january contributors


How Does lonely feel, look and sound?

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- presented in order of submission -


jake sofaer


Emoore saylavee


gary comstock




brianne mcguire


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Jake Sofaer

“Auratus” explores the commonality of  loneliness felt by the individual within the larger group and the disconnect between ourselves and those around us, whether it be within a metropolis or a fish tank.

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EMOORE saylavee

“flip phone pictures taken in new york city while residing in a $400-a-month, illegally subletted manhattan apartment”

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Gary comstock

The Day Archie C. Drove Past the Boneyard

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On the table sits an ashtray, five fags above capacity, their filters, worn and torn and hot box brown. Next to the ashtray lay a TV guide, an empty pack of Winston cigarettes, a small stack of lottery tickets, and another ashtray, this one filled with discolored and thick nail clippings. A perfectly still, anemic and stale study in still life of a man’s daily routine.  A couch, just to the right, fills the room with the sour aroma of sleep and motor oil. It is day, but the shades are drawn tight to the window sill where a bee, long dead, lays belly up, an empty and brittle shell of a once robust and purposeful life.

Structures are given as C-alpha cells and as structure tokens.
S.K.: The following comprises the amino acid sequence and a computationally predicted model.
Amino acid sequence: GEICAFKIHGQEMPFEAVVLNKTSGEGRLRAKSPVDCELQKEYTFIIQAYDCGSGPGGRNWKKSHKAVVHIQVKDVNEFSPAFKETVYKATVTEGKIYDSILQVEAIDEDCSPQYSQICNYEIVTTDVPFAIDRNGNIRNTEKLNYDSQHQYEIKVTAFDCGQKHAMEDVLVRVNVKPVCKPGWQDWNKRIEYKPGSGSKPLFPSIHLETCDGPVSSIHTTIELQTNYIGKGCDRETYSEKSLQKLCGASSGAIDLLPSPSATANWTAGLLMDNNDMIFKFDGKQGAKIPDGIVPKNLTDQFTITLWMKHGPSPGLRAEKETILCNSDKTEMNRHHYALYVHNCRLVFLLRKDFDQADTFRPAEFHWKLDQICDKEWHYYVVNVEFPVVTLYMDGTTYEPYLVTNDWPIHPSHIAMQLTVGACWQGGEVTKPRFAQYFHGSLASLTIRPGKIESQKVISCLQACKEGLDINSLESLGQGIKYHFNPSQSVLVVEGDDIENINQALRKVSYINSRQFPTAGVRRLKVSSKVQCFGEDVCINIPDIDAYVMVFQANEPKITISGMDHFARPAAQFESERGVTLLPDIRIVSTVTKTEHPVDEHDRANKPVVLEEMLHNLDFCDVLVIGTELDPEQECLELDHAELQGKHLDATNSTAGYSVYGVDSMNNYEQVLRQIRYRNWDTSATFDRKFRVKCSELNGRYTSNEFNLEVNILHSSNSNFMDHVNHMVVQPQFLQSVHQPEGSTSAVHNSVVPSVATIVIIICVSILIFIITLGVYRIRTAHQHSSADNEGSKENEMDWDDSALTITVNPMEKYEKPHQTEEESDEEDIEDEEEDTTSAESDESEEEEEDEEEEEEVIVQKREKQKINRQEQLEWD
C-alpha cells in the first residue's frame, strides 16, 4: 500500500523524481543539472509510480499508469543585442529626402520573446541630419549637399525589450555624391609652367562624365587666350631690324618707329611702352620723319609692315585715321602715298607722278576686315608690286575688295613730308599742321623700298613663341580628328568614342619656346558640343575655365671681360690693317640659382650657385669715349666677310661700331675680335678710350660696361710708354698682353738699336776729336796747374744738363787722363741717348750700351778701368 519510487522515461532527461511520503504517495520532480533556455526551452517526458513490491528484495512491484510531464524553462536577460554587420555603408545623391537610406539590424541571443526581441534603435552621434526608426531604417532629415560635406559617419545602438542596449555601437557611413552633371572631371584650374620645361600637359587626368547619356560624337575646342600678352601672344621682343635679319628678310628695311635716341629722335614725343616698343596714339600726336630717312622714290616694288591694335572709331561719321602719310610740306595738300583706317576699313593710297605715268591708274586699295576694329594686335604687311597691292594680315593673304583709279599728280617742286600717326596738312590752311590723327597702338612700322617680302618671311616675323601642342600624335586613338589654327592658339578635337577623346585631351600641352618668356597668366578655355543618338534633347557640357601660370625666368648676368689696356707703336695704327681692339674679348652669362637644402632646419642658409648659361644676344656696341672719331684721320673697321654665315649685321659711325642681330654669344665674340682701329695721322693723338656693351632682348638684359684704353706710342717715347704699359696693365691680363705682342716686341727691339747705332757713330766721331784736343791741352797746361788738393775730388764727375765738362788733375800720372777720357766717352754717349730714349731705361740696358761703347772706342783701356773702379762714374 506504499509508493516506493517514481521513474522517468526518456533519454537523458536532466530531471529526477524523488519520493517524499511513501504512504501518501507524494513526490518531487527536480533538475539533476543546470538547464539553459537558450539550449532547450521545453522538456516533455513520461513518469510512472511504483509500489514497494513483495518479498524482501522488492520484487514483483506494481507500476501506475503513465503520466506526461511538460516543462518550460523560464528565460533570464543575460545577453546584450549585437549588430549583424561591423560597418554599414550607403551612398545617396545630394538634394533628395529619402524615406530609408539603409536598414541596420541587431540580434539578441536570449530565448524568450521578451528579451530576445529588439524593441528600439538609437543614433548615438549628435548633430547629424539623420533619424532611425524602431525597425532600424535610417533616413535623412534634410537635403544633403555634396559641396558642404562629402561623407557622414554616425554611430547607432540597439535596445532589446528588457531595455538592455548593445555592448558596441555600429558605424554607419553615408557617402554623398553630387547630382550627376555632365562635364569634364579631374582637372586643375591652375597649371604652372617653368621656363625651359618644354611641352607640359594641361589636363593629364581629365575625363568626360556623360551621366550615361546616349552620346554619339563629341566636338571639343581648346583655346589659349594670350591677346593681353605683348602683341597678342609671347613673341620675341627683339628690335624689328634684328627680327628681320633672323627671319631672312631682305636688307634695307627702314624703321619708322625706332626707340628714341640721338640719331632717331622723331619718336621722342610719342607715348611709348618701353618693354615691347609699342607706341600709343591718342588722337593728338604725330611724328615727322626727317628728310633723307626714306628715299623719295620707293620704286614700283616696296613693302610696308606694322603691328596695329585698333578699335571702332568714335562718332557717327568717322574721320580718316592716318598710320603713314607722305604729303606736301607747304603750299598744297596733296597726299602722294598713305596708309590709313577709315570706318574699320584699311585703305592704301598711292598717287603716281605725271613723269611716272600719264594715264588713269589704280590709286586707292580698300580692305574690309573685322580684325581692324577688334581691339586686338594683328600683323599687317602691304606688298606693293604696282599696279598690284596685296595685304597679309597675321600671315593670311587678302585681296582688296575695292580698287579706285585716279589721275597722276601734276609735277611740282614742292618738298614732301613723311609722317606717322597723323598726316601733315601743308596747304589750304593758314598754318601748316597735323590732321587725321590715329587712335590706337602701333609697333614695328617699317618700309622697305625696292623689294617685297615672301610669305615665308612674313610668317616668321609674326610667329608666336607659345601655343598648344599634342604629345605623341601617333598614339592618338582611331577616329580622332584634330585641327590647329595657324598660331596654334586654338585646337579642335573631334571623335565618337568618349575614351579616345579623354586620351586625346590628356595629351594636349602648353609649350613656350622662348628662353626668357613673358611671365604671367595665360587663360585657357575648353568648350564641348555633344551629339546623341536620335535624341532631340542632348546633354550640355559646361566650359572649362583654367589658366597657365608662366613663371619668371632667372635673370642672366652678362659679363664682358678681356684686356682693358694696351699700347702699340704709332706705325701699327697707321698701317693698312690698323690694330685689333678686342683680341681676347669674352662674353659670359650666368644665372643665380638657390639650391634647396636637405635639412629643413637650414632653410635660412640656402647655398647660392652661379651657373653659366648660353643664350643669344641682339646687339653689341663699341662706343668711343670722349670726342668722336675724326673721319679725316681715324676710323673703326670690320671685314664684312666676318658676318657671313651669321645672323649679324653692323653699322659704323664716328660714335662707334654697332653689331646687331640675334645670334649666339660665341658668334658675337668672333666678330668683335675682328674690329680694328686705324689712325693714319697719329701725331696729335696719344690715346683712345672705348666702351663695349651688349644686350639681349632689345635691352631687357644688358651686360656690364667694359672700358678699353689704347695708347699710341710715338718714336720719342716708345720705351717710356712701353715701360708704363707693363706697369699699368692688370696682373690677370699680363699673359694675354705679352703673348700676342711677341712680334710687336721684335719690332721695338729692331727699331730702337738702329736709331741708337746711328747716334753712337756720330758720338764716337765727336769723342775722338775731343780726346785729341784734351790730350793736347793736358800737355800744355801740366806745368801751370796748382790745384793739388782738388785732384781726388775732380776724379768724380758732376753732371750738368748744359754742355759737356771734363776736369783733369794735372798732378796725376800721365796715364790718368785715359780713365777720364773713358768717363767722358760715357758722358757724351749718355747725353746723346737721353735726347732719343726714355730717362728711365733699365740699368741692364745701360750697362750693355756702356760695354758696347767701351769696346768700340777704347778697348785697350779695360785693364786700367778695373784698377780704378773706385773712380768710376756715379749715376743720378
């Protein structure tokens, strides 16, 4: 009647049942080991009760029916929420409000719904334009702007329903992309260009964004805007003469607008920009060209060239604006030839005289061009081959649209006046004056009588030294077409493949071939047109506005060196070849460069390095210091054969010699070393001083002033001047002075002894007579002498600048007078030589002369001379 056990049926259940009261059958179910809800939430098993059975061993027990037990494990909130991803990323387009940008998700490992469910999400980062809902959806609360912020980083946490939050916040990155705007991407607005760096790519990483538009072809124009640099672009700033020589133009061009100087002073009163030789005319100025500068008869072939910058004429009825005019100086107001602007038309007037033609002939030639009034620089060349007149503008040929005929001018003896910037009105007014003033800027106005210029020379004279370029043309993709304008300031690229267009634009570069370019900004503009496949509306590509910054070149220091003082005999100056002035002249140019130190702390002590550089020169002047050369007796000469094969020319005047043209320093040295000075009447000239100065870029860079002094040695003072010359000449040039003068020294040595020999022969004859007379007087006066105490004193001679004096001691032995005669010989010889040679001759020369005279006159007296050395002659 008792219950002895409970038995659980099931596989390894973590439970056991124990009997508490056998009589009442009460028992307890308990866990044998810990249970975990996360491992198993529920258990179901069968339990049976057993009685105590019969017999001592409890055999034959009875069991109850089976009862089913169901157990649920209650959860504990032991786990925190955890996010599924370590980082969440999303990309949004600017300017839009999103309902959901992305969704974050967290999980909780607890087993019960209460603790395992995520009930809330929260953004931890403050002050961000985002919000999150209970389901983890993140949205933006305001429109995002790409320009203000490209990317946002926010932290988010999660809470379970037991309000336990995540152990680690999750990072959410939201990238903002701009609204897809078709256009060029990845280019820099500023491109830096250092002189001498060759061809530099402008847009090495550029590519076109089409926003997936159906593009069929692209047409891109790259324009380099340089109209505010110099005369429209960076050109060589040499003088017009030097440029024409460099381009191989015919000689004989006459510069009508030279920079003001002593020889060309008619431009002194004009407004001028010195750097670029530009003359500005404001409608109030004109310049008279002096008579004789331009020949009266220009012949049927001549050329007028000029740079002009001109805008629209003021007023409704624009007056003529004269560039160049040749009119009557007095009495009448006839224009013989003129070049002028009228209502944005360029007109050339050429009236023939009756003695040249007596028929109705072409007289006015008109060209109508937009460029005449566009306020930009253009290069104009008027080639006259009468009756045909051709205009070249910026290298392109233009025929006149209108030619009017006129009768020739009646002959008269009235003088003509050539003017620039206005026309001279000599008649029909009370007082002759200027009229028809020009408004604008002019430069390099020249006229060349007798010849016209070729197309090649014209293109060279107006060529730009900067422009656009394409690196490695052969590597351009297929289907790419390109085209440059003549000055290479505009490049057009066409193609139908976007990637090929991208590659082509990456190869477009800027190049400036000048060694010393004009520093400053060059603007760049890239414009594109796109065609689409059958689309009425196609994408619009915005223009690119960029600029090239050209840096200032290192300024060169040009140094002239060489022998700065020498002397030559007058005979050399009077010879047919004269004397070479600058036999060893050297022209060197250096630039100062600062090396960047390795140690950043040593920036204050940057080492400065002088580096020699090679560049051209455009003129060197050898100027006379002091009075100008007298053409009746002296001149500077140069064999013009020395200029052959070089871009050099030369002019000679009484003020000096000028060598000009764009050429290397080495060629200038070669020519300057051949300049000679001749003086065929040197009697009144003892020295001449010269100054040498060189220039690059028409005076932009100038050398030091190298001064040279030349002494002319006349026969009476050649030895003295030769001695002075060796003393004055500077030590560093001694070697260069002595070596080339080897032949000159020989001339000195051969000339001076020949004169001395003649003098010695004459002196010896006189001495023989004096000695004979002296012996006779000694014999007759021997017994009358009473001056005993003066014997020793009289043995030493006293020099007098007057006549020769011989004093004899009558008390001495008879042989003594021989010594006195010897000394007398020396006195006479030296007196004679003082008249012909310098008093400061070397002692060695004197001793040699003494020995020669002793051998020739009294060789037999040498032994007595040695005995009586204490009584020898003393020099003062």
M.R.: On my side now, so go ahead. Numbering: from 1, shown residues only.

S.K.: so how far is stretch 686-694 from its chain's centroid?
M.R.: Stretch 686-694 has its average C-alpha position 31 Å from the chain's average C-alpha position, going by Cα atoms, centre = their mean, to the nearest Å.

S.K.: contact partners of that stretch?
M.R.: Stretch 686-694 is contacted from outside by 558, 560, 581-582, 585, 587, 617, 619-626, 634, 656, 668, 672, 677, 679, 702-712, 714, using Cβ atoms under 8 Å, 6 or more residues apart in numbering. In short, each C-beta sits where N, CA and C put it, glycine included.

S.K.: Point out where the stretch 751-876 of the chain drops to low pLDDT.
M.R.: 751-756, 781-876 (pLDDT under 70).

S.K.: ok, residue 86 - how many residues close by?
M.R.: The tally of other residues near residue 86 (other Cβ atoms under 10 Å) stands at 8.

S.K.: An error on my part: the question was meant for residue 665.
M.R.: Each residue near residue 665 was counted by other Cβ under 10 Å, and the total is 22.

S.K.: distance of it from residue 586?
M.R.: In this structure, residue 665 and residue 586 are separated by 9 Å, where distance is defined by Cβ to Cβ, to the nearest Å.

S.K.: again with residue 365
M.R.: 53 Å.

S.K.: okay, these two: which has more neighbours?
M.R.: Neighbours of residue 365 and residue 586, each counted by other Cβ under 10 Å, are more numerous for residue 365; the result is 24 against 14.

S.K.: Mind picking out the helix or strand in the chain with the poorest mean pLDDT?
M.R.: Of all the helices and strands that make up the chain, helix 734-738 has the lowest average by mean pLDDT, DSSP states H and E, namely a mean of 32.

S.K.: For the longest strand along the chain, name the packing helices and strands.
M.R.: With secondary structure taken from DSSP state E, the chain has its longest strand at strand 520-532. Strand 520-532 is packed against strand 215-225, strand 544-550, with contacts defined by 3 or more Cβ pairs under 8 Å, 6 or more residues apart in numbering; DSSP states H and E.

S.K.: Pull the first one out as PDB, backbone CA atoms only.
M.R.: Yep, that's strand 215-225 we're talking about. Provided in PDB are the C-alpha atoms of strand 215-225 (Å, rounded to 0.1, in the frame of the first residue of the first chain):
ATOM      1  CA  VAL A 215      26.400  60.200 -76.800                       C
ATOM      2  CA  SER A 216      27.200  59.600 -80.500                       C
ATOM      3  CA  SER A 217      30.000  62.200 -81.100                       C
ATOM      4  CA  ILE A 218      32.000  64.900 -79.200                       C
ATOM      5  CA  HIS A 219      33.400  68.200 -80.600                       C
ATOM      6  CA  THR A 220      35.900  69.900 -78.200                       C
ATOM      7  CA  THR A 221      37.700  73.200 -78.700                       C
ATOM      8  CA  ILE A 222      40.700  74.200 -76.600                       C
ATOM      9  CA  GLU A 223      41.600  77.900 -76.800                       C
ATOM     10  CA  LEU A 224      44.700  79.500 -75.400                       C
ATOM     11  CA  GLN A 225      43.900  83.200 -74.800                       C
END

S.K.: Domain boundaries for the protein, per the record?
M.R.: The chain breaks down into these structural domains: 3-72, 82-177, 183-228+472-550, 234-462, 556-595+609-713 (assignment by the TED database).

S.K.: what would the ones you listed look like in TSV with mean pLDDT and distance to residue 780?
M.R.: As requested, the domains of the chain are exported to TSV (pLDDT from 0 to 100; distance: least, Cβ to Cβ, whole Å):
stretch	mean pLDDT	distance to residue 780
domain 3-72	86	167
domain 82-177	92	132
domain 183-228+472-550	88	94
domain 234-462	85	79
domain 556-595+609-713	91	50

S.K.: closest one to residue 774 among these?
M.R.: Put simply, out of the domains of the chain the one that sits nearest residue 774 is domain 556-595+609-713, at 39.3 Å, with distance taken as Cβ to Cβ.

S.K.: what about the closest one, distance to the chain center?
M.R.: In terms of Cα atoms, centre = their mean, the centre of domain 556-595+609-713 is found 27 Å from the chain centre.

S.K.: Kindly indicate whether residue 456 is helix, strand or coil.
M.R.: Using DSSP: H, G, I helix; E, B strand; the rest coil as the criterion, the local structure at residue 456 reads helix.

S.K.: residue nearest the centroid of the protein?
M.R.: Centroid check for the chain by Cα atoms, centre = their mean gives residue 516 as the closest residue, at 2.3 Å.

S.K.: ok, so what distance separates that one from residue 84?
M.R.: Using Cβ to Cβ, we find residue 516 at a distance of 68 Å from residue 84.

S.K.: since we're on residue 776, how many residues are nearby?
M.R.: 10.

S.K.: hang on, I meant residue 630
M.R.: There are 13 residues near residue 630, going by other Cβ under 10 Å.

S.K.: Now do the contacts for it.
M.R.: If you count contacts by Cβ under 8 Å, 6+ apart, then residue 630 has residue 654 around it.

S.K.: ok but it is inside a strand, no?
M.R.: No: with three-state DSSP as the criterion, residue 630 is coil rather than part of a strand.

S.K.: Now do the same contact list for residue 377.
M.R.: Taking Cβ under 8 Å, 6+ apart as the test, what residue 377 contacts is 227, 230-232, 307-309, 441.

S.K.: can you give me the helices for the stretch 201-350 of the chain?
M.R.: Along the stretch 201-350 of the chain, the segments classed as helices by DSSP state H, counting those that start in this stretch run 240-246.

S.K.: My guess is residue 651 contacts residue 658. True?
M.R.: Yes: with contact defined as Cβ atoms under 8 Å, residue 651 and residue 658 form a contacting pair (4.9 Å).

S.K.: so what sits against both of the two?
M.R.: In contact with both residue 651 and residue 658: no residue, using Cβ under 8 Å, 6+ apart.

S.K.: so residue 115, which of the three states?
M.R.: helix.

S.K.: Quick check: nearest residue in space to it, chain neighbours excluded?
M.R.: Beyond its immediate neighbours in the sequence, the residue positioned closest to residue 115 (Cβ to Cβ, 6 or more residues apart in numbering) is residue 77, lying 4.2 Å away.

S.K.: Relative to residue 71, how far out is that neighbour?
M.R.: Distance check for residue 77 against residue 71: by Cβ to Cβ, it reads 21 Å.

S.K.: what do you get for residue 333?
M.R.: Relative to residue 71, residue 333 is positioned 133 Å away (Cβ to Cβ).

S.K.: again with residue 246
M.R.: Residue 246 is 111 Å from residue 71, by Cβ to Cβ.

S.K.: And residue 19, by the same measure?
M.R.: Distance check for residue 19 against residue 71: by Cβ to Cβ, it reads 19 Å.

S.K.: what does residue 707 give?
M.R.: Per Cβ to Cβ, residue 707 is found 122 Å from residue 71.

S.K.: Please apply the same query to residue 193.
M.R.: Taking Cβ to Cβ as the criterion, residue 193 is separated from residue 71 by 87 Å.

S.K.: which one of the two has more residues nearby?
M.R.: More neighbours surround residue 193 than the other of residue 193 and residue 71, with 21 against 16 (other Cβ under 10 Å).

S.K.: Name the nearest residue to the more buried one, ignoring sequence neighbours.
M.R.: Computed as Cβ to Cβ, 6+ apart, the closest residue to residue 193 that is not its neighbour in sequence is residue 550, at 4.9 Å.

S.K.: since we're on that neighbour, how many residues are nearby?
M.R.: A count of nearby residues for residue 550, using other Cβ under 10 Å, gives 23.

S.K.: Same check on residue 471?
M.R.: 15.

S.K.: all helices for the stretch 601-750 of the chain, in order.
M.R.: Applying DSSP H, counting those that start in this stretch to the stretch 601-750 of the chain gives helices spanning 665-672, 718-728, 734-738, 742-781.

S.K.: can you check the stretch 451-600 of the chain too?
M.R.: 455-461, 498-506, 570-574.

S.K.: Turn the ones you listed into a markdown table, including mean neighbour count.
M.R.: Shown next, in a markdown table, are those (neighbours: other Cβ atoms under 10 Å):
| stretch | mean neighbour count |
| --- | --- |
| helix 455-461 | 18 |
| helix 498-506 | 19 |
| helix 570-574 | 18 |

Exiting the room, we pass by yet another table, this one belonging to the dining room, littered with unopened mail; crisp, with cellophane windows that penetrate the stillness with crinkles and snaps. A sudden applause of sleet bouncing about upon on a parked car’s roof in some faraway empty lot. 

The doorbell rings. It’s the postman. He needs to inform the owner of the house that if the stairs to the front porch are not fixed, he will no longer be able to deliver mail to this address. The phone rings a few times throughout the day. Wrong numbers perhaps, but, with there being no answering machine, there is no way for us to be certain. 

Entering the kitchen, we notice a quick change in the air; it’s less oppressive. There are memories here to be sure, but they have become ancient and discolored, like the bee, like the toenail clippings, like the gauzy curtains all filigree and shadow. An unused room rearranging purpose. Settling in and setting off on its own.